The cost of SSDs has dropped considerably in the past 4 years. The SSD market is far more mature than it used to be. Intel isn't as burdened with the responsibility of bringing a brand new controller and storage technology to market. With some spare time on its hands, Intel finally delivered a build of its RAID drivers that will pass the ATA TRIM command to RAID-0 arrays.
The requirements for RAID-0 TRIM support are as follows:
A 7-series motherboard (6-series chipsets are unfortunately not supported).
Intel's Rapid Storage Technology (RST) for RAID driver version 11.0 or greater (11.2 is the current release)
Windows 7 (Windows 8 support is forthcoming)
The lack of support for 6-series chipsets sounds a lot like a forced feature upgrade. Internally Intel likely justifies it by not wanting to validate on older hardware, but I don't see a reason why TRIM on RAID-0 wouldn't work on 6-series chipsets.
I am not sure if TRIM will work on RAID-10 arrays. I'm going to run some tests shortly to try and confirm. Update: I don't believe it works on RAID-10 arrays. I'm still running tests to confirm but so far it looks like the answer is no.
Testing TRIM on RAID-0
I set up a Z77 testbed using Intel's DZ77GA-70K motherboard. I configured the board for RAID operation and installed Windows 7 SP1 to a single boot SSD. I then took two Samsung SSD 830s and created a 128GB RAID-0 array (64GB + 64GB). I picked the 830 because it benefits tremendously from TRIM, when full and tortured with random writes the 830's performance tanks. I secure erased both drives before creating the RAID array to ensure I started with a clean slate.
The 64GB Samsung SSD 830 is good for almost 500MB/s in sequential reads and under 160MB/s sequential writes. Two of them in RAID-0 should be able to deliver over 1GB/s of sequential read performance and over 300MB/s in sequential writes. A quick pass of HDTach confirms just that:
Take a moment to marvel at just how much performance you can get out of two $90 SSDs.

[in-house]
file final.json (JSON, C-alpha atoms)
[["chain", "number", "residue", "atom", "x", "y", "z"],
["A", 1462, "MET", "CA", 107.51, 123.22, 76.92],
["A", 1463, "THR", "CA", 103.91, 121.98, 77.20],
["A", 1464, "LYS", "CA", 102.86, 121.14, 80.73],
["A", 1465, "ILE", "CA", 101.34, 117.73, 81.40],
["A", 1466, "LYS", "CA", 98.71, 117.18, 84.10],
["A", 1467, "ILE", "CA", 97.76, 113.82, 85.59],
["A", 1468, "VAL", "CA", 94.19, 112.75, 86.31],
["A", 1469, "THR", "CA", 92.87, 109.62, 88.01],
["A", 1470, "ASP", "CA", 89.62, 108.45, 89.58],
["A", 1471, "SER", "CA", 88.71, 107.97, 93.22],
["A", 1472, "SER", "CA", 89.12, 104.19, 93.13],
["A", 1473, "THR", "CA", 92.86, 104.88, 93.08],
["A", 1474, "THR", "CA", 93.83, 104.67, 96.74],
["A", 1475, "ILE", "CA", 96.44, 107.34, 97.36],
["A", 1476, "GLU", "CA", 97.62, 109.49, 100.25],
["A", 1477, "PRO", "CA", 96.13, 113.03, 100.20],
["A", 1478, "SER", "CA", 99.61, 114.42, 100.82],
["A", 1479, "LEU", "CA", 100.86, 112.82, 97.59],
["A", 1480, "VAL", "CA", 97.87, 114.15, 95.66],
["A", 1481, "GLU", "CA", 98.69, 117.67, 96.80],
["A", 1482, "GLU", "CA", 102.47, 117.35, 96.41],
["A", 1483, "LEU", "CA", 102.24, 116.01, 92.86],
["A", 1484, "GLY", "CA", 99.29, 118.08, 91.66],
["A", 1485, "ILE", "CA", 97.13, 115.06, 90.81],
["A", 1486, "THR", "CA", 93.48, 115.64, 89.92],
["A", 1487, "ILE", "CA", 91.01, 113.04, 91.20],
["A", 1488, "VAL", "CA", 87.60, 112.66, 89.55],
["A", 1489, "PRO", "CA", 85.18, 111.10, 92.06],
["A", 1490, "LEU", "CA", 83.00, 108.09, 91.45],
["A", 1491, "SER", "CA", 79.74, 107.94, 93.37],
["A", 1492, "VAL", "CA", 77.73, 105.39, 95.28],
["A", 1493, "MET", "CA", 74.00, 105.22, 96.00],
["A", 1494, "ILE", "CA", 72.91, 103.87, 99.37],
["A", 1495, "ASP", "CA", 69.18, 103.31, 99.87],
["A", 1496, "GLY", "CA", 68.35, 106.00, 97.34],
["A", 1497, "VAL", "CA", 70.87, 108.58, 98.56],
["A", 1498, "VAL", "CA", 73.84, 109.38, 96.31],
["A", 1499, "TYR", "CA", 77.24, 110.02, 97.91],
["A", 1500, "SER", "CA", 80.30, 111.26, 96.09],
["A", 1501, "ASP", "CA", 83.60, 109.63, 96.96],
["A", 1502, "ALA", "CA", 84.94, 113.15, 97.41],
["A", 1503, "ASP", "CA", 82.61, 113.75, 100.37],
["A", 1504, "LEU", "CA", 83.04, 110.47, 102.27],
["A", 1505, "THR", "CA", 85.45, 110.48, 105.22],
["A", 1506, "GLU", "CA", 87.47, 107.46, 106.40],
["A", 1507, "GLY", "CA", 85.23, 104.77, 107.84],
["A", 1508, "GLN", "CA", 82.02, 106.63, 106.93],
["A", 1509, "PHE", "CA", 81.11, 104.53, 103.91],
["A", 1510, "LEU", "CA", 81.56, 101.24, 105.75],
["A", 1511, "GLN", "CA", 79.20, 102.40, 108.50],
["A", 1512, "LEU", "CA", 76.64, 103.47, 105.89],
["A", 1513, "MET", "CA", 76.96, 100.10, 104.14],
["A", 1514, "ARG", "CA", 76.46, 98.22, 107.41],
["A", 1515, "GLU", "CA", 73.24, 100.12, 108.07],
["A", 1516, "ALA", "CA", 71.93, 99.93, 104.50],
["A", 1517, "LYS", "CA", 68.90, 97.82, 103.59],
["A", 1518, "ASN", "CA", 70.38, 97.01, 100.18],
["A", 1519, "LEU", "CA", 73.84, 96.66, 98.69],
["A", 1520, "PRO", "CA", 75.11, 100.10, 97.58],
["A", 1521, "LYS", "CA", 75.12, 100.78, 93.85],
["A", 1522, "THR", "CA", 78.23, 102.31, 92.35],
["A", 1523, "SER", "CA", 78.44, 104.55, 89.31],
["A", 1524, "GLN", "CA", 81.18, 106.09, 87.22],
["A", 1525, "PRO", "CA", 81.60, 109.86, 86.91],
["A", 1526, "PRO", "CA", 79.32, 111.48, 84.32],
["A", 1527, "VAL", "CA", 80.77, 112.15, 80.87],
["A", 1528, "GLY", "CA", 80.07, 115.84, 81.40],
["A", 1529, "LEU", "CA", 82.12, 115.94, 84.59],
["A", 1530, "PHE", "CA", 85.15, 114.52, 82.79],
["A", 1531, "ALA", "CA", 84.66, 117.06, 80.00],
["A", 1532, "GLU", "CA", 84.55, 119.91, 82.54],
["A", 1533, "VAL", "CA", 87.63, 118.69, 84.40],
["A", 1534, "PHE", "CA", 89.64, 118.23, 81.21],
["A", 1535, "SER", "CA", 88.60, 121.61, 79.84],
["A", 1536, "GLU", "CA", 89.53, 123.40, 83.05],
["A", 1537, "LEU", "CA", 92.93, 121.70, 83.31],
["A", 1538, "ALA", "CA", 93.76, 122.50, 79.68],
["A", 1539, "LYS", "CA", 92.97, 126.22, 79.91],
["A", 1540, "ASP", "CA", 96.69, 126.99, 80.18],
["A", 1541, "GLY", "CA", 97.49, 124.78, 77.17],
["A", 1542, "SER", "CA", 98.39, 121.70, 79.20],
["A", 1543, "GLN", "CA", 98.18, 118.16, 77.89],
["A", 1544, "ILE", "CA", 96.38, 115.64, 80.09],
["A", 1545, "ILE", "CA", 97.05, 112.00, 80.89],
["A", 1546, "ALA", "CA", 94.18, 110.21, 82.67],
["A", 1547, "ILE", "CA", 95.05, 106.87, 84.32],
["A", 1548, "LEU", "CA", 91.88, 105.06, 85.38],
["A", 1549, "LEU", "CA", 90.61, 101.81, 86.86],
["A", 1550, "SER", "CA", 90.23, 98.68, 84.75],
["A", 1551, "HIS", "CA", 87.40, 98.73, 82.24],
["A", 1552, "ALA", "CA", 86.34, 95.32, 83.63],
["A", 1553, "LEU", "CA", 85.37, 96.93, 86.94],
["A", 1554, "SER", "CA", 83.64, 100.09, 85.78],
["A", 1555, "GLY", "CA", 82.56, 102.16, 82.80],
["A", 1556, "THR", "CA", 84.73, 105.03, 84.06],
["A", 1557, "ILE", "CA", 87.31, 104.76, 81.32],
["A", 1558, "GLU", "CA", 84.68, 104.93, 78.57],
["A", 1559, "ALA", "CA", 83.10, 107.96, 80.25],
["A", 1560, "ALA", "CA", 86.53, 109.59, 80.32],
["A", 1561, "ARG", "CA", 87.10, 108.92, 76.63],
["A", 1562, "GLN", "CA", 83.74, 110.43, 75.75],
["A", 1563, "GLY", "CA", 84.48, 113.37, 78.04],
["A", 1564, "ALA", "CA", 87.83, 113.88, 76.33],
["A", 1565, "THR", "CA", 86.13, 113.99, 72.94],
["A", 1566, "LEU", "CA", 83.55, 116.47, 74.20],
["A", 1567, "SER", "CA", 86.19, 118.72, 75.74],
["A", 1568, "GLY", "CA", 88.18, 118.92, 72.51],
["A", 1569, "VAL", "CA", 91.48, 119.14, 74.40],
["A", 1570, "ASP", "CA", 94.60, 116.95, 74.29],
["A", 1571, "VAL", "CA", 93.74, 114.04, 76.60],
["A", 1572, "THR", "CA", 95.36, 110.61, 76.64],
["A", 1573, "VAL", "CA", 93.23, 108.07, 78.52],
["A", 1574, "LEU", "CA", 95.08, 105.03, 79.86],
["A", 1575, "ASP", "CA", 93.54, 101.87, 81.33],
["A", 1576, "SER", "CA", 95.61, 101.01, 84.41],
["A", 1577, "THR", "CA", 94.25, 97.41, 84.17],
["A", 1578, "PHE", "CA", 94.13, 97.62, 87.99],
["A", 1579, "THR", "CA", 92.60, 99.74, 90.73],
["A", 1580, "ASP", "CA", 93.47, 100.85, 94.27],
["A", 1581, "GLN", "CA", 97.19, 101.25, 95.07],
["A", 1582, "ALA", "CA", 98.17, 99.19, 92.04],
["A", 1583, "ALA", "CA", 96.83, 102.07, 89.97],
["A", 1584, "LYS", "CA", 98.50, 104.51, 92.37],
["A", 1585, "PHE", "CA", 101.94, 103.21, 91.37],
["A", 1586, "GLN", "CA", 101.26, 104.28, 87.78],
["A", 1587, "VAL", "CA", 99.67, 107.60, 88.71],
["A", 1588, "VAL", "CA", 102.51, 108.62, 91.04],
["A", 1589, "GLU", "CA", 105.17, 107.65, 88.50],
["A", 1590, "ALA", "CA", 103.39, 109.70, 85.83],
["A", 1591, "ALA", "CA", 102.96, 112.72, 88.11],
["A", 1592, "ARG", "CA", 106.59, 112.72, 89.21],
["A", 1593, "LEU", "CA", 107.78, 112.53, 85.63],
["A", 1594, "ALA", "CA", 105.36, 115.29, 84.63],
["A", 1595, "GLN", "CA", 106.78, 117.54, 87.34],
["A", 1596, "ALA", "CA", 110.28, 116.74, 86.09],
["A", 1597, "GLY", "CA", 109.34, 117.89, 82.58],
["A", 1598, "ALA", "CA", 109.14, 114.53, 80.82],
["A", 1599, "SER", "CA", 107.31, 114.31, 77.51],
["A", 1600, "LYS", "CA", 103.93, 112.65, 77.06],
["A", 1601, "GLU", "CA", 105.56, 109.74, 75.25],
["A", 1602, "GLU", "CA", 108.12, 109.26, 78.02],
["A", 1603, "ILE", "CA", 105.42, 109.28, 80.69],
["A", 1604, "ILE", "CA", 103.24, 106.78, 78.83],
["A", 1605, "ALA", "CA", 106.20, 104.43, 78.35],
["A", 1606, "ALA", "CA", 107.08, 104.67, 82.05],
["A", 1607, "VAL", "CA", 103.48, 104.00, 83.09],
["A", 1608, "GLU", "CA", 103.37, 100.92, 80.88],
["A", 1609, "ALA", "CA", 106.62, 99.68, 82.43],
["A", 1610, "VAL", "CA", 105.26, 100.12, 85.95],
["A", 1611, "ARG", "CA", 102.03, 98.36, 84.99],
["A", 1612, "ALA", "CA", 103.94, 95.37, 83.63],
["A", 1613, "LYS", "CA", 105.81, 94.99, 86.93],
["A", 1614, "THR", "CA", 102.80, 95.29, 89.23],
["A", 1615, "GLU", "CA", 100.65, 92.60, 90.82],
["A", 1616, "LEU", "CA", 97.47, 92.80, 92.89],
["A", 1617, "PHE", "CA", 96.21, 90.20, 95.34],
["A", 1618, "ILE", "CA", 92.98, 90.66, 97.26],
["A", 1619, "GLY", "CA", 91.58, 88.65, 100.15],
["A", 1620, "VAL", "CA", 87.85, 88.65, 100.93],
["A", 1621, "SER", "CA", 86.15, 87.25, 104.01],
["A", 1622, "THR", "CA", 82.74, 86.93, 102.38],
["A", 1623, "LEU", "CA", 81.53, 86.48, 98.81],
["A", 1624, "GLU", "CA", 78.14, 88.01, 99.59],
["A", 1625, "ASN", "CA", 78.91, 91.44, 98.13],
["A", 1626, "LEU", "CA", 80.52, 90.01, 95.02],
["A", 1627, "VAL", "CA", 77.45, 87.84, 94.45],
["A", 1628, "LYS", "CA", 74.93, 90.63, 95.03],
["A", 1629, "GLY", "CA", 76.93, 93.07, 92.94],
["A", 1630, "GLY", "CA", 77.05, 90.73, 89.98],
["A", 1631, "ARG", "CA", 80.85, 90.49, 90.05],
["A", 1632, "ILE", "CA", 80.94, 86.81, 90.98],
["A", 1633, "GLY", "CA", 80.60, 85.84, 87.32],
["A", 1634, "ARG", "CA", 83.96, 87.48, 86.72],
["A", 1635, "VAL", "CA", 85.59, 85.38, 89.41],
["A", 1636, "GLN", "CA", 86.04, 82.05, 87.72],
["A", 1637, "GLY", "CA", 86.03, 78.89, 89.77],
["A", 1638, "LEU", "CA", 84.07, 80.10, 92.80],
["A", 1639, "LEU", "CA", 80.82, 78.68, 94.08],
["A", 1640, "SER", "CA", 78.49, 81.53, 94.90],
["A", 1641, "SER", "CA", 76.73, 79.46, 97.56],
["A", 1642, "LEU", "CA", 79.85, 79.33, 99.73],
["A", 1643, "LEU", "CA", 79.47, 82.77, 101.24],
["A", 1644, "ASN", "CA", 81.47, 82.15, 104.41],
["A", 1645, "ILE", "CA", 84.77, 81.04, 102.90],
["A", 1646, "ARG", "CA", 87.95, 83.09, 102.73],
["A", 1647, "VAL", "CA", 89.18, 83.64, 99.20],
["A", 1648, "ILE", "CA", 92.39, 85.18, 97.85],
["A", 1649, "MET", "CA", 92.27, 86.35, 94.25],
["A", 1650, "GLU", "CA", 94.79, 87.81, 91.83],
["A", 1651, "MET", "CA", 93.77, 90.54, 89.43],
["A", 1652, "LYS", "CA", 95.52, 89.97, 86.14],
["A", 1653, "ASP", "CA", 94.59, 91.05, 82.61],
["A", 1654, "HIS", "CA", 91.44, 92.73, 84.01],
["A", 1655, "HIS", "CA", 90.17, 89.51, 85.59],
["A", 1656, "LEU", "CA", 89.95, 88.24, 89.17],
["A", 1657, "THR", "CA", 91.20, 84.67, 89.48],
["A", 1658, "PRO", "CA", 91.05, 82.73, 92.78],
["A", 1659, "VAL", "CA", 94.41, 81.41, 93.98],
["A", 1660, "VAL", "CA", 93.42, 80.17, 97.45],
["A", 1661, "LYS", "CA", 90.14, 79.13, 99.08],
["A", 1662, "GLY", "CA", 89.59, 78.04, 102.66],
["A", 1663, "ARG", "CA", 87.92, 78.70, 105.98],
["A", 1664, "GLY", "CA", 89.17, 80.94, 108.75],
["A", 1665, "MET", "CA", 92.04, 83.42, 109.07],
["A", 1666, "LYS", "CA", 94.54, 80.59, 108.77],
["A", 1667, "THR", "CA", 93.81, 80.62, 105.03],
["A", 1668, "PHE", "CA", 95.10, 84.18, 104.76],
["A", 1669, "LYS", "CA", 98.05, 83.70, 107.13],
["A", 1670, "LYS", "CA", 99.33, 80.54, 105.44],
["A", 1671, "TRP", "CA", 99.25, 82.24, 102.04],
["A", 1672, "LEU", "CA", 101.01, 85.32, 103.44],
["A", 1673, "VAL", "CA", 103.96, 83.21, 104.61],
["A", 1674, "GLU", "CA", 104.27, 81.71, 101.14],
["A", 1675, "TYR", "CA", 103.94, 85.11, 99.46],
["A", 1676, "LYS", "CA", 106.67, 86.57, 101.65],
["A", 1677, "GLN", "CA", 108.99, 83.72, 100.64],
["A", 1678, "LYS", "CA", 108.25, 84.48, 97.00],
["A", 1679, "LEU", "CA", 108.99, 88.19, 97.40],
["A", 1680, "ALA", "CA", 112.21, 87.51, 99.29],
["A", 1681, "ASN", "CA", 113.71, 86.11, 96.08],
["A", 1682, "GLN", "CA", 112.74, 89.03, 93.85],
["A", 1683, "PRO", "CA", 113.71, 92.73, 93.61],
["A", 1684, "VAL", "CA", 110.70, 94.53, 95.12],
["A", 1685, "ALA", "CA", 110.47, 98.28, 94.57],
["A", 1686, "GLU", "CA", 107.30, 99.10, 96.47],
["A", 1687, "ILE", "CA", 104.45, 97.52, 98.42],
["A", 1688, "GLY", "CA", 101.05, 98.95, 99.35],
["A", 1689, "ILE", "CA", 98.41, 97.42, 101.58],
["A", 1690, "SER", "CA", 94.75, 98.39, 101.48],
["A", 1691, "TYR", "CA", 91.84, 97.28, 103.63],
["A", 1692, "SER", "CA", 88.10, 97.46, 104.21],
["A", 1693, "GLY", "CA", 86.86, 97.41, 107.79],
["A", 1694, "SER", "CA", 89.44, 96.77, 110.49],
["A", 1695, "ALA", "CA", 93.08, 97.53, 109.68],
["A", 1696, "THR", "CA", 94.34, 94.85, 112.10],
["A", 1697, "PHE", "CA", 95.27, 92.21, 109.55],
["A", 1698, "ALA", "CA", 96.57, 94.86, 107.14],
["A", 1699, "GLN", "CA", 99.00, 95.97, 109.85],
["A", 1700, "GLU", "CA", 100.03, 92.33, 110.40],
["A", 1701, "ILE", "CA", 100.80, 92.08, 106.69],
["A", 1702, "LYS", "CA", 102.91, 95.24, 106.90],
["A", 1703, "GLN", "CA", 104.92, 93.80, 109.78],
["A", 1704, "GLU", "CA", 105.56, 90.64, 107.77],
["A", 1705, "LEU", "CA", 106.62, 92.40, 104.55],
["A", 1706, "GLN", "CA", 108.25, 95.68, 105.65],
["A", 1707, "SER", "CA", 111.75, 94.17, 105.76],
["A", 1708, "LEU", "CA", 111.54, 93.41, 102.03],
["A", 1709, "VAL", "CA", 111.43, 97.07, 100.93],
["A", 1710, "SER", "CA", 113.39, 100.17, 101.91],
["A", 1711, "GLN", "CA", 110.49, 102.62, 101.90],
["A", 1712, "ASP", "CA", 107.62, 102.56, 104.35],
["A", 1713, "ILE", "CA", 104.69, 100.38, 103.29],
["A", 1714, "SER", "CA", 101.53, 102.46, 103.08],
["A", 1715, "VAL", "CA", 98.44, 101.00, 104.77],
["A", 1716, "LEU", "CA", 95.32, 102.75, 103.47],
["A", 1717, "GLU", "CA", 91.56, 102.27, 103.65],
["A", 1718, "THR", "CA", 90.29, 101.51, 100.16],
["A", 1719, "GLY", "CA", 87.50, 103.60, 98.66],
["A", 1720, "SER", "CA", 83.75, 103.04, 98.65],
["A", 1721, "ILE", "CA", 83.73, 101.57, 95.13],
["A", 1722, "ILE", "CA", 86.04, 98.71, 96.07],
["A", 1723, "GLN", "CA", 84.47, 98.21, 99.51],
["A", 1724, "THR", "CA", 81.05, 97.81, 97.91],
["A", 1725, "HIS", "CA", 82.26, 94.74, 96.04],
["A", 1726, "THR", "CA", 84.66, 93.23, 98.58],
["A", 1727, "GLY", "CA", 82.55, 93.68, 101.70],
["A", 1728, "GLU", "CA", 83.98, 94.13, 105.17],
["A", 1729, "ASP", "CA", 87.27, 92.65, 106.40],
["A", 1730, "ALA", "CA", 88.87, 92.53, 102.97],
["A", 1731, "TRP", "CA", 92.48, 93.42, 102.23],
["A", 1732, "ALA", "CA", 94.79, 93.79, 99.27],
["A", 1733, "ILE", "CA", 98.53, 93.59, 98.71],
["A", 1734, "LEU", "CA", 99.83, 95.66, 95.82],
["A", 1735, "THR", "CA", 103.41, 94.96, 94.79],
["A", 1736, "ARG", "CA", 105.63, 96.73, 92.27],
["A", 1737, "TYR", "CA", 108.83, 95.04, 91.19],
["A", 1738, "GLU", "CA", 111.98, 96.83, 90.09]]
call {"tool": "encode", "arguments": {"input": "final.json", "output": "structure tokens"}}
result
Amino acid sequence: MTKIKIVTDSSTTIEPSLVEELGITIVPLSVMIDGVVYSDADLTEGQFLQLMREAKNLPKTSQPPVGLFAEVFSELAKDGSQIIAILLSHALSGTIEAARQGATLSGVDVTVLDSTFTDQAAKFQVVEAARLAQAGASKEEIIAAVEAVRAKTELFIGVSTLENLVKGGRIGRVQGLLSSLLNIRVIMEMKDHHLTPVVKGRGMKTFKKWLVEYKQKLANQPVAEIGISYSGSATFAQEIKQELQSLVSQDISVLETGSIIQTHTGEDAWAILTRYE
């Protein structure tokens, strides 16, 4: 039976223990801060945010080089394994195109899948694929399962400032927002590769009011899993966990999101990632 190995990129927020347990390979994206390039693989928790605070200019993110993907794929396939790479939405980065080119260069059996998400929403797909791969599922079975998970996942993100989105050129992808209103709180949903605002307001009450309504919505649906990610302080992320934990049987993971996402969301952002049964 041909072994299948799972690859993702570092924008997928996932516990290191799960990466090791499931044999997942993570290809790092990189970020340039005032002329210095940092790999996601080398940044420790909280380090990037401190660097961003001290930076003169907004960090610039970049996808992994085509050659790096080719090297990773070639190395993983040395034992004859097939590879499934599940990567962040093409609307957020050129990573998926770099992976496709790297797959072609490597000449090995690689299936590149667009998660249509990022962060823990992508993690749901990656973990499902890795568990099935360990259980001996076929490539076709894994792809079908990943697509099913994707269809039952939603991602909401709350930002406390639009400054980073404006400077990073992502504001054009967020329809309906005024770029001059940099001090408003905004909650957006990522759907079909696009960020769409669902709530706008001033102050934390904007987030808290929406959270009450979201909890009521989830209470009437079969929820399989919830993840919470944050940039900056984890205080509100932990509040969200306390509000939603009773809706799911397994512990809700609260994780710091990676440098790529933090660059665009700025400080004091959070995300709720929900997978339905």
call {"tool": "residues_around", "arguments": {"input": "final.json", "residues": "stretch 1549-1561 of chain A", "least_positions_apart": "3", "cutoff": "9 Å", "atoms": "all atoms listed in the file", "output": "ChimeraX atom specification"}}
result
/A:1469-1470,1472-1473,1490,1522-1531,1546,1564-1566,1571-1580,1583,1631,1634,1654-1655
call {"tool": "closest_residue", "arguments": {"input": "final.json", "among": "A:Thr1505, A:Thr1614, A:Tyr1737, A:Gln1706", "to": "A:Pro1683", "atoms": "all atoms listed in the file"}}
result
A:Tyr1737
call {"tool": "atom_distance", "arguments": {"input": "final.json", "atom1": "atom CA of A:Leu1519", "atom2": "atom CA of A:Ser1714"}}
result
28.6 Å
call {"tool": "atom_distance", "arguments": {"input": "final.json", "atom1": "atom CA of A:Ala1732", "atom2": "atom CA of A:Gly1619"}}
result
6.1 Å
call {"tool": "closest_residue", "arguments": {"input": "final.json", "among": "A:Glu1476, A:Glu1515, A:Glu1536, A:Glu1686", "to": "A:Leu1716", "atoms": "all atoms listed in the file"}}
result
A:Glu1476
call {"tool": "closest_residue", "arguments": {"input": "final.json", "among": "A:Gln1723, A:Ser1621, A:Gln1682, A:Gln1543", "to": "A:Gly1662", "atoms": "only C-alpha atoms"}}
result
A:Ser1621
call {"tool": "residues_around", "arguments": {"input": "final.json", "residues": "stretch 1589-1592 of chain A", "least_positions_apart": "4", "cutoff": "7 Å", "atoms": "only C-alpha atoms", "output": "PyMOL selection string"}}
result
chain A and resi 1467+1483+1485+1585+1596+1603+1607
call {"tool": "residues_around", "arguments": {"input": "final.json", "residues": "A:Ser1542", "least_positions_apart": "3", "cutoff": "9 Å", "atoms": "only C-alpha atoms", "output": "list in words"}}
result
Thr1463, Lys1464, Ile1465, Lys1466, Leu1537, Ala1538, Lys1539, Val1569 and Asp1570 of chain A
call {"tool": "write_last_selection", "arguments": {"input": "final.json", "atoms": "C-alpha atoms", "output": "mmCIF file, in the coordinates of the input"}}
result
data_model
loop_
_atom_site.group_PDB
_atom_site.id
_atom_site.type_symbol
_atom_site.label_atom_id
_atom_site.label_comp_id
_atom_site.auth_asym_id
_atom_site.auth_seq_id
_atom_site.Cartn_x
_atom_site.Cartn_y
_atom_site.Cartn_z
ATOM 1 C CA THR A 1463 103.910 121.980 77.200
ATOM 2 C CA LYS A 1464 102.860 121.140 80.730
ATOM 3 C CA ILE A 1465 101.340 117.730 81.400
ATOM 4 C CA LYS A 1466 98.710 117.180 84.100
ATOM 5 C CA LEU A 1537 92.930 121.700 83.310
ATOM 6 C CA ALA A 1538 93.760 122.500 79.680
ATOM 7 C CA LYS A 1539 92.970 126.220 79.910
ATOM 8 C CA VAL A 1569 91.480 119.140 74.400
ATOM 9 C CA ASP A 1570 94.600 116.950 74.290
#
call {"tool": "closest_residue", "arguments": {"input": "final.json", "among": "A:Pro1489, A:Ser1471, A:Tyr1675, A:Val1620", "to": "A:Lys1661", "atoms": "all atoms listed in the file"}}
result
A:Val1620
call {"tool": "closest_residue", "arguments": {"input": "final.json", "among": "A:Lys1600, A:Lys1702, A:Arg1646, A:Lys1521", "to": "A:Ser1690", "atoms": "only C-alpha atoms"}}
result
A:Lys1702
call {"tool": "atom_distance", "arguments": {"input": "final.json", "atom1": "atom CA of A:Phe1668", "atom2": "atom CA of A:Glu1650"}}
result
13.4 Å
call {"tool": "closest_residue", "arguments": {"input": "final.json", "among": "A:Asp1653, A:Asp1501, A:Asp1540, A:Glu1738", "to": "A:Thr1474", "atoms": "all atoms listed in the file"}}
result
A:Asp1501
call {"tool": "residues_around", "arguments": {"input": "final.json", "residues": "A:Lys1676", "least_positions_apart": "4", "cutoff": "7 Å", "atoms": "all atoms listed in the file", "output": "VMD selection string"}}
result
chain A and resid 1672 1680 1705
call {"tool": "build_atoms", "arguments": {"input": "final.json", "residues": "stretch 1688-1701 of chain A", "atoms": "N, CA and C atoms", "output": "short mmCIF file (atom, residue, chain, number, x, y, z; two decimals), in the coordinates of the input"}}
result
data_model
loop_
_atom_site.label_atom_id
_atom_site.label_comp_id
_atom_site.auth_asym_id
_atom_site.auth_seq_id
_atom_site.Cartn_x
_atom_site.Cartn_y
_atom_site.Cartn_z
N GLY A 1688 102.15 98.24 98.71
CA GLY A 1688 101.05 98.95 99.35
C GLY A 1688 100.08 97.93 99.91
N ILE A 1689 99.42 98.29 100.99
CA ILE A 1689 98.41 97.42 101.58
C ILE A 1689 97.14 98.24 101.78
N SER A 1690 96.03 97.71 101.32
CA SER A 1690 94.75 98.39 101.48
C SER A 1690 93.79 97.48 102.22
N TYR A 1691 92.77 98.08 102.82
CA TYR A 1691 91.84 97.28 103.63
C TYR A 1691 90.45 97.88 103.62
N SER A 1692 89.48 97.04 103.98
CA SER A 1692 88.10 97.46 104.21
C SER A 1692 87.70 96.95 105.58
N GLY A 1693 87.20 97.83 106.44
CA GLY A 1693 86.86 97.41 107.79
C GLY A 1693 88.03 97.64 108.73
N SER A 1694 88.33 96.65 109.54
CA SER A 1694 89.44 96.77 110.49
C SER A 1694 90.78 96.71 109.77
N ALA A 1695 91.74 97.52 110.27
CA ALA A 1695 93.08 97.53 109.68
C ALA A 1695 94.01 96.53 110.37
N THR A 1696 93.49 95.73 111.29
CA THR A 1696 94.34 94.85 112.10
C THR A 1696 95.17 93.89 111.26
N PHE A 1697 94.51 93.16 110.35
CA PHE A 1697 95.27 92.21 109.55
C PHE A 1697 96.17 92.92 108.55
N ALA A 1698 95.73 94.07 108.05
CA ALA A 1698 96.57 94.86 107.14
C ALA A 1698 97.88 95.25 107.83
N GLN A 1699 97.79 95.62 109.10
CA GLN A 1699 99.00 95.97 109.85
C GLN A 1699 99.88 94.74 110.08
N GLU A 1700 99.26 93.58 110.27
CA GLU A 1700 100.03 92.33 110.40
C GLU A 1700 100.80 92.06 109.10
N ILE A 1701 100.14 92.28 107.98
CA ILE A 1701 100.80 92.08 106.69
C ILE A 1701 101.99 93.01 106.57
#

For the control run I used Intel's 10.6 RST drivers (10.6.0.1022). I filled the array with sequential data, then randomly wrote 4KB files over the entire array at a queue depth of 32 for 30 minutes straight. I formatted the array (thus TRIMing all LBAs) and ran an HD Tach pass to see if performance recovered. Remember if the controller was told that all of its data was invalid, a sequential write pass would run at full speed since all data would be thrown away as it was being overwritten. Otherwise, the controller would try to preserve its drive full of garbage data as long as possible.
The 10.6 RST drivers don't pass TRIM through to RAID-0 arrays, and the results show us just that:
That's no surprise, but what happens if we do the same test using Intel's 11.2 RST drivers?
Here's what the pass looks like after the same fill, torture, TRIM, HD Tach routine with the 11.2 drivers installed:
Perfect. TRIM works as promised. Users running SSDs in RAID-0 on 7-series motherboards can enjoy the same performance maintaining features that single-drive users have.
Bringing TRIM support to RAID-0 arrays provides users with a way of enjoying next-gen SSD performance sooner rather than later, without giving up an important feature. Pretty much all high-end SSDs are capped to 6Gbps limits when it comes to sequential IO. Modern SATA controllers deliver 6Gbps per port, allowing you to break through the 6Gbps limit by aggregating drives in RAID.
The only negative here is that Intel is only offering support on 7-series chipsets and not on previous hardware. That's great news for anyone who just moved to Ivy Bridge and has a RAID-0 array of SSDs, but not so great for everyone else. A lot of folks supported Intel over the past couple of years and Intel has had some amazing quarters as a result - I feel like the support should be rewarded. While I understand Intel's desire to limit its validation costs, I don't have to be happy about it.
For more information on how SSDs work, check out our last major article on the topic.